John King is replacing Lou Dobbs on CNN.
Jon Klein, CNN president, said Thursday that veteran reporter King will move into the 7 p.m. EST slot that’s been vacated by Lou Dobbs. King will host a show about politics beginning early next year.
That puts him in direct competition with MSNBC’s Chris Matthews, whose “Hardball” is also about politics. Fox News Channel’s Shepard Smith, who does a more general interest newscast, dominates the cable news ratings in that hour.
Dobbs announced abruptly Wednesday evening that it would be his last show on CNN. He said he wanted to pursue more advocacy journalism, a route that was no longer available to him on CNN.
King has been a top political reporter at CNN since 1997, when he joined from The Associated Press. He hosts the Sunday program, “State of the Union,” which he will be giving up early next year.
He said Thursday that he wants his show to bring more depth to issues, to get beyond a phrase like “public option” to explain what it really means. There will be provocative discussions, and guests with many different opinions will be welcomed.
“I’m going to do what I think needs to be done,” he said. “I think over time that viewers, if they compare and contrast, will be getting more meat” from his show than his competitors.
The Washington-based show doesn’t have a name yet. He wouldn’t comment on Dobbs’ exit: “I don’t see any value today in looking into the rearview mirror,” he said.
Dobbs had become a target of criticism from liberal and Latino advocacy organizations for his campaign against illegal immigration, and sparred with CNN management over the summer when he talked about questions over President Barack Obama’s birth site after CNN reporters had found nothing to substantiate the issue. CNN management pressed Dobbs to keep his opinions to himself — at the same time Dobbs was doing an unrelated daily radio show as a commentator on various issues.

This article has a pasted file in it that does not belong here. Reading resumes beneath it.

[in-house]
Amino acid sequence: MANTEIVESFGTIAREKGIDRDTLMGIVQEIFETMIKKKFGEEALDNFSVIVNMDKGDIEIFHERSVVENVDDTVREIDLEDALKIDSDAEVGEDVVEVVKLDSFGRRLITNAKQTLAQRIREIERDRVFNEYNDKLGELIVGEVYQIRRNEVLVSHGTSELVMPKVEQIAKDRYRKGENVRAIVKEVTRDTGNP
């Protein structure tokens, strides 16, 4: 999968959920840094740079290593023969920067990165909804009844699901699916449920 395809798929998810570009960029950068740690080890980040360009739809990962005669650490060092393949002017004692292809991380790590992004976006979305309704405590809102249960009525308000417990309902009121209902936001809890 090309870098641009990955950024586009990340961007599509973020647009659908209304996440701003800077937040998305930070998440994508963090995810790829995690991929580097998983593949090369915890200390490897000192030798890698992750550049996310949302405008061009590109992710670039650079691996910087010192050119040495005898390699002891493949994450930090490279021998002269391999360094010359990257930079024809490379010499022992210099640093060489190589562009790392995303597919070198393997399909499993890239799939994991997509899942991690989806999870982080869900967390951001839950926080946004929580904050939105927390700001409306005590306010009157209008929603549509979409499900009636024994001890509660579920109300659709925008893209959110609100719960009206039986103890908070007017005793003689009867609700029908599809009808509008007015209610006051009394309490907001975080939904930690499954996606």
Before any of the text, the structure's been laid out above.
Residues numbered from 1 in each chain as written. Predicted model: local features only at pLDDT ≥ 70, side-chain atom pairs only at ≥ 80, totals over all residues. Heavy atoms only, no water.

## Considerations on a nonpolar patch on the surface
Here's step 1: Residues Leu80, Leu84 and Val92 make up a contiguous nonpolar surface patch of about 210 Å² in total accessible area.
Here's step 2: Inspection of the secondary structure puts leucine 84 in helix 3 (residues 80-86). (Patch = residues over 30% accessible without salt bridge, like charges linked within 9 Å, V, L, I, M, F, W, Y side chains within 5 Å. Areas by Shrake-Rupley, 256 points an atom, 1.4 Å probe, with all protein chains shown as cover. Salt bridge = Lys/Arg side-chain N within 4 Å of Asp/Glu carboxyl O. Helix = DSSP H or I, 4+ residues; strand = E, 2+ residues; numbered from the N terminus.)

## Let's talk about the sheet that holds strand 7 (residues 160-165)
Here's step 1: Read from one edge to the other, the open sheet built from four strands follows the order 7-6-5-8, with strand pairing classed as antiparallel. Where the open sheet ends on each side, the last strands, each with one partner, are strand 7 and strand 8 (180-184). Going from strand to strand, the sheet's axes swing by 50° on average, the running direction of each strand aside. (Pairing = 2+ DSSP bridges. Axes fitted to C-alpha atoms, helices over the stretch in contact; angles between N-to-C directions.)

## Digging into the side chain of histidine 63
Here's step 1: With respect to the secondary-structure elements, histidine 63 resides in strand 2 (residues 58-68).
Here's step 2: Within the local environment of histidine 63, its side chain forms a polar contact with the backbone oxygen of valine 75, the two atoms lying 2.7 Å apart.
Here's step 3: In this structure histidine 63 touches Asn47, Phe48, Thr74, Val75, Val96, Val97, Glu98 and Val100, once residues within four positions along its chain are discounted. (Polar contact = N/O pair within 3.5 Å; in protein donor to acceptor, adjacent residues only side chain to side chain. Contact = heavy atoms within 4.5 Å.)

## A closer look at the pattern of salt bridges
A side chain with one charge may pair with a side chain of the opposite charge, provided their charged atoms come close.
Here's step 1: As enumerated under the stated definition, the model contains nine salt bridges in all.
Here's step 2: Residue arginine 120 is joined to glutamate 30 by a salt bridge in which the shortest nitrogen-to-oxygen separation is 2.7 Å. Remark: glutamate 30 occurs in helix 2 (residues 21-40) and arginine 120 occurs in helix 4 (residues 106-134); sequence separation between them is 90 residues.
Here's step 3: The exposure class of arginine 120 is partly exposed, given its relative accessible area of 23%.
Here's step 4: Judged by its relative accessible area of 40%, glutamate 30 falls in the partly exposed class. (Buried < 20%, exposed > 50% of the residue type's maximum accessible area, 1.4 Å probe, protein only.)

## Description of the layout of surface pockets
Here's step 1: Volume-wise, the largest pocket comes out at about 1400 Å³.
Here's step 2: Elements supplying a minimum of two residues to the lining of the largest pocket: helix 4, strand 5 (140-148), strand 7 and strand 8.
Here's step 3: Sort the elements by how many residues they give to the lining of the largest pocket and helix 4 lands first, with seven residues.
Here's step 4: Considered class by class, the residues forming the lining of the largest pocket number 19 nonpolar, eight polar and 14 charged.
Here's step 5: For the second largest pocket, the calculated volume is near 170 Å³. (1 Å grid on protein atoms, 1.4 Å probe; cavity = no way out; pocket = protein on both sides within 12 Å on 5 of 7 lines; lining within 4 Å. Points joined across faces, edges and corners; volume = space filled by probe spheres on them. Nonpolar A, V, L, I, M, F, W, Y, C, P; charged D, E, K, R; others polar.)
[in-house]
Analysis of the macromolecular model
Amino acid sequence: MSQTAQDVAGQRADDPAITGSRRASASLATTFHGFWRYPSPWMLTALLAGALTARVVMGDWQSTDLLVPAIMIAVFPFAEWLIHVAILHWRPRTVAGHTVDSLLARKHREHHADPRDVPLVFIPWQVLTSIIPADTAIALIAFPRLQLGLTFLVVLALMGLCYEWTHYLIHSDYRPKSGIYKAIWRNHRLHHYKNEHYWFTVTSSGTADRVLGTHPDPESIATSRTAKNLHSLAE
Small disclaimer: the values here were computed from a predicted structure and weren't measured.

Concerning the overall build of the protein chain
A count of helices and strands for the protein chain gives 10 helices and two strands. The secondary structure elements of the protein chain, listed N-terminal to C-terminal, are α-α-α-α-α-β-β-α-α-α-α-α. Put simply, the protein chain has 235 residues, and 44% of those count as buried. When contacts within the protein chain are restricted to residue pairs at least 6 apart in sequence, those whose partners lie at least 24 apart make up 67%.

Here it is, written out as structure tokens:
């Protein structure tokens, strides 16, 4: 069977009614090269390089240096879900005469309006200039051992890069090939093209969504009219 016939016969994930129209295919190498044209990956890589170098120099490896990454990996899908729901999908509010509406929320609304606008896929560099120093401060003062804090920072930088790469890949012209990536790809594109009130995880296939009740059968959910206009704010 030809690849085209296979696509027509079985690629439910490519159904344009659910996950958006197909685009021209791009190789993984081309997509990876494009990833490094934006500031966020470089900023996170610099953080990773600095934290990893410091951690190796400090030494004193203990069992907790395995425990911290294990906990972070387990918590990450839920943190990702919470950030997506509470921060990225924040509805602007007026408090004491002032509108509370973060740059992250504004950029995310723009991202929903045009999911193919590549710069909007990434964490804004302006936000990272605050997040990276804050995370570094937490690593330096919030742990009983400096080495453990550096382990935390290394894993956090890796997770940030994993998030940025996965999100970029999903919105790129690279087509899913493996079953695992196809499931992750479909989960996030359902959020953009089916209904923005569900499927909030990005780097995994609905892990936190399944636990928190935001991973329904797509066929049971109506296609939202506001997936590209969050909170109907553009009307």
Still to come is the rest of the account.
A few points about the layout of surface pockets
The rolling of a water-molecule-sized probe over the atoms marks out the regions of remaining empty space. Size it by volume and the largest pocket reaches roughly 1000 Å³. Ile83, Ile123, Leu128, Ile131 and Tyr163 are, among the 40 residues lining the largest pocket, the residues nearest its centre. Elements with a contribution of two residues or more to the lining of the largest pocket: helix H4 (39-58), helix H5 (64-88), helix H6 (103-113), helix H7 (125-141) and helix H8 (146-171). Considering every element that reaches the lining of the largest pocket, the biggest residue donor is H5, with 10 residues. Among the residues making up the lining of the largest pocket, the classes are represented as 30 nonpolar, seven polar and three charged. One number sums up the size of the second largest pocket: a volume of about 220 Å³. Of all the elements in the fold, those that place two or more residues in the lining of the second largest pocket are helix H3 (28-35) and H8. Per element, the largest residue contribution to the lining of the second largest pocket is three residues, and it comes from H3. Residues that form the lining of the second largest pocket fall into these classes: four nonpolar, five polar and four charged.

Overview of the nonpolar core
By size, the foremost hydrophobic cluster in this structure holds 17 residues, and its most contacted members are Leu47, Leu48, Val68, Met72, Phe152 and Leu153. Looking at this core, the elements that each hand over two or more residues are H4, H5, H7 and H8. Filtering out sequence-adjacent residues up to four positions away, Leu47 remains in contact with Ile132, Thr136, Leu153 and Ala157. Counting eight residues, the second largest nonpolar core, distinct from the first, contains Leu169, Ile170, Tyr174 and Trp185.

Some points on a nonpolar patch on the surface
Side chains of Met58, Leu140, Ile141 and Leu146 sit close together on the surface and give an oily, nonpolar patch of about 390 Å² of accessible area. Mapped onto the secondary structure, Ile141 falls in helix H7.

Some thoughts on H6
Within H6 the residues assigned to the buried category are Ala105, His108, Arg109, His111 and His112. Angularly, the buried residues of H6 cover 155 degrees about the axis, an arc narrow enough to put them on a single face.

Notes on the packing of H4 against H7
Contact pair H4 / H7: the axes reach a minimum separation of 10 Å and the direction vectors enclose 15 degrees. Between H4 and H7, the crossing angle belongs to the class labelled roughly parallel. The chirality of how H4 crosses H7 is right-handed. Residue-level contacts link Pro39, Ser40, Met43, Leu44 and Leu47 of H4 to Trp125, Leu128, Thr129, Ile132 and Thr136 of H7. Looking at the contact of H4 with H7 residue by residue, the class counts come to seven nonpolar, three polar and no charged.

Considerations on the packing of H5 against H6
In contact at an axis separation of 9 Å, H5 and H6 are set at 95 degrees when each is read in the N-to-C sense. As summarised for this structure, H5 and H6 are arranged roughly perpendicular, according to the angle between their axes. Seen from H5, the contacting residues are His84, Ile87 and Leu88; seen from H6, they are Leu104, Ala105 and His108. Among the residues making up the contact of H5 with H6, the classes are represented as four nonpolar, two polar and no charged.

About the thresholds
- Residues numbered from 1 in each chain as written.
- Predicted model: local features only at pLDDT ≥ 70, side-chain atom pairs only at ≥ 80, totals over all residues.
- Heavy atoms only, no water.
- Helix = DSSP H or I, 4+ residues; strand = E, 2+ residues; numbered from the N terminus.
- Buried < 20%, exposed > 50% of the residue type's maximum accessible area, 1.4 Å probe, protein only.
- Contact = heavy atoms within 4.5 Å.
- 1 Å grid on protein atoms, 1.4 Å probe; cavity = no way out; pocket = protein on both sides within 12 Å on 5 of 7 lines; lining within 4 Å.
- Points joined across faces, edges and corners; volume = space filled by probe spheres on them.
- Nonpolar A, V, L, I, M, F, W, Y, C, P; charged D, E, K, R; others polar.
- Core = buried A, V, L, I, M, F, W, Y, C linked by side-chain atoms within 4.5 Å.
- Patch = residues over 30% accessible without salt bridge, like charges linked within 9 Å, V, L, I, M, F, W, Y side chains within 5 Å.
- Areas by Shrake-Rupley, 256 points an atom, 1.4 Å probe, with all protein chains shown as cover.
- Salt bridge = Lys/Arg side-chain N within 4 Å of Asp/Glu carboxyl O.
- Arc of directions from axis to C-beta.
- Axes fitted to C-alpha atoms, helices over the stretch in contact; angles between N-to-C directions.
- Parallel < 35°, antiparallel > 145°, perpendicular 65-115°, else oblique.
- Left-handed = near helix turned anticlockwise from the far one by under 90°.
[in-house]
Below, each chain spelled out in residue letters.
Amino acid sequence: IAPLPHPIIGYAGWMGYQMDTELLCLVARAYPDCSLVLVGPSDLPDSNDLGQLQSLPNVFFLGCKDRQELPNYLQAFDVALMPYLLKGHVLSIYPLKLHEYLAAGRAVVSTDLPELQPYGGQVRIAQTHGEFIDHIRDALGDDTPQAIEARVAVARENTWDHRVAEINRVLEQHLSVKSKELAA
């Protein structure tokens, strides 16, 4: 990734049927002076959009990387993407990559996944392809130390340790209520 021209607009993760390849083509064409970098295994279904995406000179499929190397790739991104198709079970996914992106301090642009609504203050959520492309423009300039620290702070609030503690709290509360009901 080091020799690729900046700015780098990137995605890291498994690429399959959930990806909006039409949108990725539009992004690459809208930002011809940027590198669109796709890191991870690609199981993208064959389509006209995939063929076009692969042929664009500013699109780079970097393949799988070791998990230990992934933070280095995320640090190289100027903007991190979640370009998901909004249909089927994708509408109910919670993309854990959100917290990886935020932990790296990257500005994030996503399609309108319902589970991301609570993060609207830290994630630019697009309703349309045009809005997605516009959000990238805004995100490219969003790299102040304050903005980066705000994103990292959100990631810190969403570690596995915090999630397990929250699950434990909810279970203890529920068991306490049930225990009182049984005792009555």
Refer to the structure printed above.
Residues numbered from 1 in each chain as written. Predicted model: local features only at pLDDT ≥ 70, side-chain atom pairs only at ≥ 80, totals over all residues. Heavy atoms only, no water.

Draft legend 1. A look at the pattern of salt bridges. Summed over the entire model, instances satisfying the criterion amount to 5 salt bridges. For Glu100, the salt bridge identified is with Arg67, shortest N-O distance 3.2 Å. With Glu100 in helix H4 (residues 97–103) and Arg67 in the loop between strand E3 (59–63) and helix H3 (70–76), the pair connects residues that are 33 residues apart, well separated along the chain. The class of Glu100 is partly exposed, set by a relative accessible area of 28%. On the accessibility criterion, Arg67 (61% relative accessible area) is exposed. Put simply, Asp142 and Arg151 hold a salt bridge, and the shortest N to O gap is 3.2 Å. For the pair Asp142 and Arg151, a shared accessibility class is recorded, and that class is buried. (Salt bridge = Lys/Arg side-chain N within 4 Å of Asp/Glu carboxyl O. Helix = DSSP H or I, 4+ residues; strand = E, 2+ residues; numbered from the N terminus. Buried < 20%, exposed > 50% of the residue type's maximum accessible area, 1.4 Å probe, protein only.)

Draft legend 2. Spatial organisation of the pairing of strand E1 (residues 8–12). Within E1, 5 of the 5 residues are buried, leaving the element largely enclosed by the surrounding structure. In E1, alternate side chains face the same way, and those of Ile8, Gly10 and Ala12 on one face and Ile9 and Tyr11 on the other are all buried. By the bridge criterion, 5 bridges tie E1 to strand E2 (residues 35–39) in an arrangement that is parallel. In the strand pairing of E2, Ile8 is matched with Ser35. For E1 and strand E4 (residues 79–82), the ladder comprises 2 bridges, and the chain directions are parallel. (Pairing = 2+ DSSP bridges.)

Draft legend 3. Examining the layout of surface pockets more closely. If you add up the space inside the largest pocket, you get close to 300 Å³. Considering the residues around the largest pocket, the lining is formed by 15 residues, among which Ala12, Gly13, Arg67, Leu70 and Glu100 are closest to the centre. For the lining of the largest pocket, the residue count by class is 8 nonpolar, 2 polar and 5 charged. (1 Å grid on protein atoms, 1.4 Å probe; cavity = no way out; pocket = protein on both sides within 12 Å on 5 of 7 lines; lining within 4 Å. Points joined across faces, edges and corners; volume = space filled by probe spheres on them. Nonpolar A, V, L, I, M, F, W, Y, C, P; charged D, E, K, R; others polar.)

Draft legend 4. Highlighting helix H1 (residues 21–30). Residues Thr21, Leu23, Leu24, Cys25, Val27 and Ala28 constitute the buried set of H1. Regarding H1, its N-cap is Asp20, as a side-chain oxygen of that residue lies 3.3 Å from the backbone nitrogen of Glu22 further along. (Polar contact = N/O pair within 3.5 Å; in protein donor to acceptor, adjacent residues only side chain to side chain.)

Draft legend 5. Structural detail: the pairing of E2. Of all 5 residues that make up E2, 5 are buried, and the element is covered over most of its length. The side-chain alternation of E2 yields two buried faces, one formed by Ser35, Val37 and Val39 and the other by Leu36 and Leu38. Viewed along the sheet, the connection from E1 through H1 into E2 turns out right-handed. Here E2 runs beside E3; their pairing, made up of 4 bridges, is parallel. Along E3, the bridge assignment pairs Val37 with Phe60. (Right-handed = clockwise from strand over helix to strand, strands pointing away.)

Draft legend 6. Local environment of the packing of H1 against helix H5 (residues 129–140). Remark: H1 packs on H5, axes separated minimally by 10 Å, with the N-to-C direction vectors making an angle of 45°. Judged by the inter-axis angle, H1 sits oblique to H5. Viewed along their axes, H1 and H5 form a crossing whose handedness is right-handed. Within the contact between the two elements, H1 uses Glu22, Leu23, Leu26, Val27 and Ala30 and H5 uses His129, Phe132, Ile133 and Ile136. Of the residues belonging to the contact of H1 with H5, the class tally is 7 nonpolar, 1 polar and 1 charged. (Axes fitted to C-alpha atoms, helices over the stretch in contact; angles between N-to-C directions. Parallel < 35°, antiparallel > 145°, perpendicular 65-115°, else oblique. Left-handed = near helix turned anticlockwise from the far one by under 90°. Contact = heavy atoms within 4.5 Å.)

He said he was leaving CNN to pursue new opportunities. While those are unclear, he vowed to be a leader in the “national conversation” to restore “inspiration to our great free society and our market economy.”
He was a CNN original, signing on when the cable network started in 1980. For much of that time, he hosted a nightly business broadcast that became one of the most influential shows in the corporate world, and CNN’s most profitable show for advertising revenue.
But Dobbs said his world view changed after the 2001 terrorist attacks and corporate corruption scandals, and he began to more freely express his opinions. He was particularly persistent in bringing the immigration issue to the fore, winning him both higher ratings and enemies. Latino groups had an active petition drive seeking his removal.
His presence became awkward for CNN, particularly as it began emphasizing that it was taking a non-biased approach to contrast with MSNBC and Fox.
His resignation was hailed by activists who were seeking his ouster.
“Our contention all along was that Lou Dobbs — who has a long history of spreading lies and conspiracy theories about immigrants and Latinos — does not belong on the most trusted name in news,” said Roberto Lovato, co-founder of Presente.org. “We are thrilled that Dobbs no longer has the legitimate platform from which to incite fear and hate.”
Tom Saenz, president of the Mexican American Legal Defense and Educational Fund, the leading Latino legal organization, said, “The Latino community can and should celebrate that Lou Dobbs is no longer on CNN.”
U.S. Sen. Robert Menendez, a Democrat from Dobbs’ home state of New Jersey and the Senate’s only Hispanic member, called it “addition by subtraction” for CNN.
Dobbs did not return telephone and e-mail messages to talk about his critics.